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Can virtual care ease the climate crisis?
Hospitals eager to stem their impact on the environment are pointing to telehealth as a key strategy — but data on the effects of digital health on the climate crisis are slim, my colleague Katie Palmer reports. “Digital health is late to the party,” Enrico Coiera, a digital health researcher at Macquarie University, tells Katie. “It’s very early days in terms of what the evidence says.”
At least one study suggests that virtual appointments could reduce carbon emissions by saving on travel to an on-site exam room. But digital health could also lead to an increase in emissions because of factors like data storage, Katie writes. Digital health could have both upstream and downstream environmental costs, Coiera said. “I would take with a grain of salt any study that says any one thing is a solution,” said Coiera. Read Katie’s full story here.
Q&A with Merative’s CEO
IBM’s embattled health AI division Watson Health sputtered a couple years ago before being acquired in January by Francisco Partners. But the new business being built from erstwhile unit’s data and technology is trotting out a different message focused on value of its health data, and not on the AI engine that data might eventually power, my colleague Casey Ross — who has doggedly reported on IBM Watson’s arc over the past few years— gleaned this week from a conversation with the head of the new venture.
Gerry McCarthy, CEO of what’s now known as Merative, told Casey that the company wouldn’t be investing directly in building major AI models. Here’s a highlight from their conversation:
How are you planning on using AI, and how does that differ from IBM’s approach?
While there are a lot of great use cases out there that have proven capability for AI, we’re in the very early stages. This is one of the pivots from a Merative perspective. Our focus is on workflows and using the datasets to drive the decisions and insights back into the (customer). We will consume AI as it becomes more and more available. What you’ll see us do is leverage those datasets through machine learning and smaller aspects of AI through our six product lines.
What did IBM do wrong that you’re not looking to repeat?
I wasn’t part of IBM. I’m focused on a couple of key things… First and foremost, it’s transparency and communication both internally and externally. We’re sharing things with our (employee) teams as well as our customers to show them, “Here are the roadmaps. Here are the timelines. Here are the investment strategies.” The second thing I’m doing is reinforcing quick decision-making. We’re a nimble, small company now. Even though we have 2,000-plus employees, we’re much more nimble and in a position to make decisions and move forward. We’re going to celebrate actual tangible successes and wins. We’re not going to get ahead of our skis and promote things that aren’t available or out in the marketplace.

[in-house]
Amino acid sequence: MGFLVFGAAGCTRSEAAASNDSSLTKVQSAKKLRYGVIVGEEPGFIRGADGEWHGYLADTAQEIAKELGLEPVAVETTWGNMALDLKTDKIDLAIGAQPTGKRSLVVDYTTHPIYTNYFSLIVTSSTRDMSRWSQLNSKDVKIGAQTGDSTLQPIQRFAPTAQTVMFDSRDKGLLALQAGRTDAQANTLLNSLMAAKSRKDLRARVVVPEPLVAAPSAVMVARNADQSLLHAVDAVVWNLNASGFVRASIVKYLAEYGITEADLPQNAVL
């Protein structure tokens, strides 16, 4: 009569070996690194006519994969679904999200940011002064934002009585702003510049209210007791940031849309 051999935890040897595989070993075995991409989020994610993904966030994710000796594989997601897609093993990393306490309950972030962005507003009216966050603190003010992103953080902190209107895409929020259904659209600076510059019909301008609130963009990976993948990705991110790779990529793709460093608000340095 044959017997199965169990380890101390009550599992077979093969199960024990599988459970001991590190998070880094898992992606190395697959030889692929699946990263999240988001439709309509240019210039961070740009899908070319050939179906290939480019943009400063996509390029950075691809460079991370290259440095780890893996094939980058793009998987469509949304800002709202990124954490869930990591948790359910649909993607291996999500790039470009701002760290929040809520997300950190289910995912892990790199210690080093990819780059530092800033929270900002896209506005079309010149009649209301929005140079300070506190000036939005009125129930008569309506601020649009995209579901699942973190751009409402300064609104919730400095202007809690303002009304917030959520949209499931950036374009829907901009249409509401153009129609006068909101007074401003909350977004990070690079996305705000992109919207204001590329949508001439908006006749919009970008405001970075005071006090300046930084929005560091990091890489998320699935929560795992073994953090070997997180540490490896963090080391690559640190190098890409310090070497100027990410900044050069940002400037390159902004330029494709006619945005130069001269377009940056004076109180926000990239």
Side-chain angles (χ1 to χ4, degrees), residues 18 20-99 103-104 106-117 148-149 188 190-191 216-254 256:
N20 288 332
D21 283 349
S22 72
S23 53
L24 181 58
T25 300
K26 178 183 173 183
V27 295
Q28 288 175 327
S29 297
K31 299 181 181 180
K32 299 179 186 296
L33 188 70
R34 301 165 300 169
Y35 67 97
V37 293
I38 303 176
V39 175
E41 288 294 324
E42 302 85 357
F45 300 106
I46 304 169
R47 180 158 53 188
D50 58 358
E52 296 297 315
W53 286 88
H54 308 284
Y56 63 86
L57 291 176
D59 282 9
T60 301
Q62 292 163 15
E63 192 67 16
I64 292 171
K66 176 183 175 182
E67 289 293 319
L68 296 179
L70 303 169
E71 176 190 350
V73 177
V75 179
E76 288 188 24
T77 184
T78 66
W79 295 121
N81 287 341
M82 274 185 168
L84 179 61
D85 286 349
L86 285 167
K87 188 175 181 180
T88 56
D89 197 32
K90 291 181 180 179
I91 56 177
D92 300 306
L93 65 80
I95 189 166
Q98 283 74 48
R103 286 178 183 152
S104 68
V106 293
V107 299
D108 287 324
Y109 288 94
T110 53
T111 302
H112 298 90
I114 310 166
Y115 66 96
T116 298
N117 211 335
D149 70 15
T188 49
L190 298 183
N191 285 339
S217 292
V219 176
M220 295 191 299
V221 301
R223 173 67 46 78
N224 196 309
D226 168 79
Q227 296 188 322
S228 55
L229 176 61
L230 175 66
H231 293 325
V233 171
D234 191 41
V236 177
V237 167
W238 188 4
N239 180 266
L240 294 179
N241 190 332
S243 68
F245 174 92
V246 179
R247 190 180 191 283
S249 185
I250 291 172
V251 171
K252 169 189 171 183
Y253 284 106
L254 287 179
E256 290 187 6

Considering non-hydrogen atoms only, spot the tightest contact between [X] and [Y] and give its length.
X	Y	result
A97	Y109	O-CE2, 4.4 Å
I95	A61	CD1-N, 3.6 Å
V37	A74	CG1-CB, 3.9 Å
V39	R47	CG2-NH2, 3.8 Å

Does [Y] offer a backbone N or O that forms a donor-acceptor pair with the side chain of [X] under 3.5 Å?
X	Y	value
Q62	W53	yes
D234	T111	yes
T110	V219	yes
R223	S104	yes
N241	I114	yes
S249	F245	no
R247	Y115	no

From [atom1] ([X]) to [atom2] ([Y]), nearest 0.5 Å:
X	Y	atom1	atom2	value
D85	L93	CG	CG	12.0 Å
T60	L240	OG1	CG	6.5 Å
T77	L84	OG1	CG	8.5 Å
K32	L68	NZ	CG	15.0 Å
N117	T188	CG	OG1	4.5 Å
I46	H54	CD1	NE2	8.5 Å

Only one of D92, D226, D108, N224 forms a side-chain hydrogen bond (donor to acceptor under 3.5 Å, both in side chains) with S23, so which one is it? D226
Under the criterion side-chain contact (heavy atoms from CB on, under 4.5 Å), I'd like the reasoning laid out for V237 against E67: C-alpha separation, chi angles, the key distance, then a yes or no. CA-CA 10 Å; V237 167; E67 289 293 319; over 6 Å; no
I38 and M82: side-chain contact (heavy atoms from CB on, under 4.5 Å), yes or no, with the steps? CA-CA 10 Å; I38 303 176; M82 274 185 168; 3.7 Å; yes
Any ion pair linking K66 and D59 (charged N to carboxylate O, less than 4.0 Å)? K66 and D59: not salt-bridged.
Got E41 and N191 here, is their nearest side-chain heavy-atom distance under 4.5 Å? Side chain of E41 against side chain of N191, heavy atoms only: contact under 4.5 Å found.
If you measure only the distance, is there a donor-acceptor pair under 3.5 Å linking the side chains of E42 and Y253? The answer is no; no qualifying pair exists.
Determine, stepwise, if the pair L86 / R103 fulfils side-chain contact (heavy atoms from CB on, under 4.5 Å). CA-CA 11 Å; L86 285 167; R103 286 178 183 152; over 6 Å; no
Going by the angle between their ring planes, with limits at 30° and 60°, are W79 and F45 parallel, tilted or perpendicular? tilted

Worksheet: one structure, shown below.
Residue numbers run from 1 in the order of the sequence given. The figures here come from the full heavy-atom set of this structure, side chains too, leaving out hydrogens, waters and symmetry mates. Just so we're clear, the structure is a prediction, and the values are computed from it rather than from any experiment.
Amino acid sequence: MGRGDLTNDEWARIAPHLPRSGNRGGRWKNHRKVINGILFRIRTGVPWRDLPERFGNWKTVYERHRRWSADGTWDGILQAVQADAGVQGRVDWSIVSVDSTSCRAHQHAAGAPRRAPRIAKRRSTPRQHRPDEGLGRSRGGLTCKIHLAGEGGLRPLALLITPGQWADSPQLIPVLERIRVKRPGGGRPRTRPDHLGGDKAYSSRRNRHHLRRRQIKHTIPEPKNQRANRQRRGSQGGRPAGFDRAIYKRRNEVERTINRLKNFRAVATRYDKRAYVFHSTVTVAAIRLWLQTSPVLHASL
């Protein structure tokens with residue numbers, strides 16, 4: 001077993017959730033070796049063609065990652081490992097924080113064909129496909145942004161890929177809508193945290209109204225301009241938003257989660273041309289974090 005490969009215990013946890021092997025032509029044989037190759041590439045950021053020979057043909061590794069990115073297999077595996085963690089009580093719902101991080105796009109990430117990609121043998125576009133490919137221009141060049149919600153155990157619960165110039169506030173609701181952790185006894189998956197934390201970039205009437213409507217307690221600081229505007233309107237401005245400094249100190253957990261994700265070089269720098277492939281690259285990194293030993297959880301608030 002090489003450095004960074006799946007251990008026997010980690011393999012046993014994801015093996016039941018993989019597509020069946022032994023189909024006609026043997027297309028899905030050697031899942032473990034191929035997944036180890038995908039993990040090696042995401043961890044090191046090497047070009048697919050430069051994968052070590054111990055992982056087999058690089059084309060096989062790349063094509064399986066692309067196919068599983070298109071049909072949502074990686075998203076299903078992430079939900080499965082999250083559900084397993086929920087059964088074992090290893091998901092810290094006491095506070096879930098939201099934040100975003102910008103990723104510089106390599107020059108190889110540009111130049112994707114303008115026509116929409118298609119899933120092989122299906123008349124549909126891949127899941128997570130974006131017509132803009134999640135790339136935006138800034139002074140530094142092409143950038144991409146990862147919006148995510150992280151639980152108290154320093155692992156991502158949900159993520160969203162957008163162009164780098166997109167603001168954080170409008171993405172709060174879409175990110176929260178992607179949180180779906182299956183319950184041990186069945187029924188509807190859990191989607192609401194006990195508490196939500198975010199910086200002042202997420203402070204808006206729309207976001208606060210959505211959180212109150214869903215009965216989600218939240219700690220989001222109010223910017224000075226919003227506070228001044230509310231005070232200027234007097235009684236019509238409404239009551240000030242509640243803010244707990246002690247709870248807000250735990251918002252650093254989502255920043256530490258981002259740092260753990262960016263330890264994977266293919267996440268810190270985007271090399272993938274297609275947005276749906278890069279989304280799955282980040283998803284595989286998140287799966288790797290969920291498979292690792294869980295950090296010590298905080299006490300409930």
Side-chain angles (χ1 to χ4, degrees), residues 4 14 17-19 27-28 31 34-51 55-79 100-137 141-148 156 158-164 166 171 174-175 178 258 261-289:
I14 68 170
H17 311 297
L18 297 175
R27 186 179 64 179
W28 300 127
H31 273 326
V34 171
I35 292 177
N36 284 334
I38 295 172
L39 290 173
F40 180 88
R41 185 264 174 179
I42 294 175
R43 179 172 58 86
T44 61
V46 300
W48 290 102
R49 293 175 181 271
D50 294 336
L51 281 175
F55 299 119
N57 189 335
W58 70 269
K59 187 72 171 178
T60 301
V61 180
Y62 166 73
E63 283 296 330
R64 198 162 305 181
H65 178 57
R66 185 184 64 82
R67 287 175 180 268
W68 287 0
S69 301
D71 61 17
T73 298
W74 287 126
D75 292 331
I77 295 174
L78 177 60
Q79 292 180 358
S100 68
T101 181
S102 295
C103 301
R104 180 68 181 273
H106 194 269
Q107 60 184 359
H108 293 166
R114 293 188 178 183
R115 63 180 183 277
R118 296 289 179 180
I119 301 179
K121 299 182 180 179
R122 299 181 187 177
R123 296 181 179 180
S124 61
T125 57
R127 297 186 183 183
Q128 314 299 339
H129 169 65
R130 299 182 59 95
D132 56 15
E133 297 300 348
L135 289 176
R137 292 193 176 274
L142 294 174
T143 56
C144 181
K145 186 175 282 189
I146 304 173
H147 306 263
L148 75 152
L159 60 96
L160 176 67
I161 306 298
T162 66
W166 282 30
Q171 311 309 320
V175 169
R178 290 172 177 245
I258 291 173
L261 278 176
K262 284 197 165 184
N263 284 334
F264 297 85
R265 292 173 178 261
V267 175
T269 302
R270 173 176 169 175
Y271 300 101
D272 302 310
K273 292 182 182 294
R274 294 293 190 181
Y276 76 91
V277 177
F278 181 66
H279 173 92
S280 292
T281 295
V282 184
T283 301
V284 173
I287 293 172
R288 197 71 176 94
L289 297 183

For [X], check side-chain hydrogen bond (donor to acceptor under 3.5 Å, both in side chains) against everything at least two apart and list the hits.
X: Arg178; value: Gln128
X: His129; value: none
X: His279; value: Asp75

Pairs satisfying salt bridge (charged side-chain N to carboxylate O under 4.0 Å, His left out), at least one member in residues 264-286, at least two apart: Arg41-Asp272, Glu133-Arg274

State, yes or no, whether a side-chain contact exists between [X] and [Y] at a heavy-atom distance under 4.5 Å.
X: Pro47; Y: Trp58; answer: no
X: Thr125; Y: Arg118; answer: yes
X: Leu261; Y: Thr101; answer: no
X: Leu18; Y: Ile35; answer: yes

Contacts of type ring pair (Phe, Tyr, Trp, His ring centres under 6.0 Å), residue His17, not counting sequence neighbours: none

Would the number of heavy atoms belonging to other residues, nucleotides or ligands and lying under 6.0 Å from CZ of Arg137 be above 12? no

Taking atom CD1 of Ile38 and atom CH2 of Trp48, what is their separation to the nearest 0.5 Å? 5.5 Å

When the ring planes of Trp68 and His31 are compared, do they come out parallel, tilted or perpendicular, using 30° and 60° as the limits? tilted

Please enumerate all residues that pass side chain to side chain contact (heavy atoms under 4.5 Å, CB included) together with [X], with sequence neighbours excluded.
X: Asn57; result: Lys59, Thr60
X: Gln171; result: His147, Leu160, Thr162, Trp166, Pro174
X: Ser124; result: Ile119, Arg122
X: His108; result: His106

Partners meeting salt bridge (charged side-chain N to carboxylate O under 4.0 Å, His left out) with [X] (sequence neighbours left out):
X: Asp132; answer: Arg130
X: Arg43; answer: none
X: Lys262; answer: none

Patients urge regulators to enforce price estimates
Patient groups are pressing the federal government to start enforcing aspects of a surprise billing law that requires insurers and providers to give patients price and cost estimates before they get care. New billing technology should make those types of estimates easier to generate, those advocates say.
“We know that claims and negotiated rates are obtainable because providers are often quick to submit billing codes and other information to plans for payment, and patients get [explanations of benefits] shortly afterwards,” Patricia Kelmar, a health care director at U.S. PIRG, wrote in a letter to federal officials.
But even though providers and insurers have widely implemented new billing systems, they argue that it’s not that easy to flip a tech switch. “This cumbersome process would require significant technology and workflow upgrades — to say nothing of extensive staff retraining — that would add substantial and unnecessary cost to the health care system,” hospital and doctor lobbying groups wrote. Read Bob’s story here.
The latest on FTC’s privacy efforts
Privacy-focused groups rushed to comment on the Federal Trade Commission’s request for input on data security and commercial surveillance before the Monday deadline, urging the agency to more actively regulate data use. The Future of Privacy Forum, for instance, suggested the agency make rules that acknowledge that “data exists on a spectrum of identifiability, rather than in binary categories of ‘personal information’ or ‘not personal information,’” among other steps. Fight for the Future, another privacy advocacy group, advised the agency to keep in mind that unregulated corporate data use could especially endanger marginalized groups. If you commented, let us know!
ICYMI: Elizabeth Holmes sentenced to prison
Theranos CEO Elizabeth Holmes was sentenced last week to more than 11 years in prison for defrauding investors backing her blood test venture, following her conviction of investor fraud and conspiracy in January. That sentence was shorter than the 15-years federal prosecutors pushed for, though her legal team had sought leniency because of her pregnancy and her one-year old.
- Resilience Lab, a behavioral health practice that also uses automation and software to make care more efficient, raised $15 million in a Series A round led by Viewside Capital Partners and Morningside.
- Walmart’s executive vice president for health and wellness, Cheryl Pegus, has joined JPMorgan Chase’s employer-sponsored health care-focused business unit Morgan Health to support investments.
- Care.Ai, which uses AI enabled sensors to monitor and streamline clinical workflows, scored $27 million from Crescent Cove Advisors.
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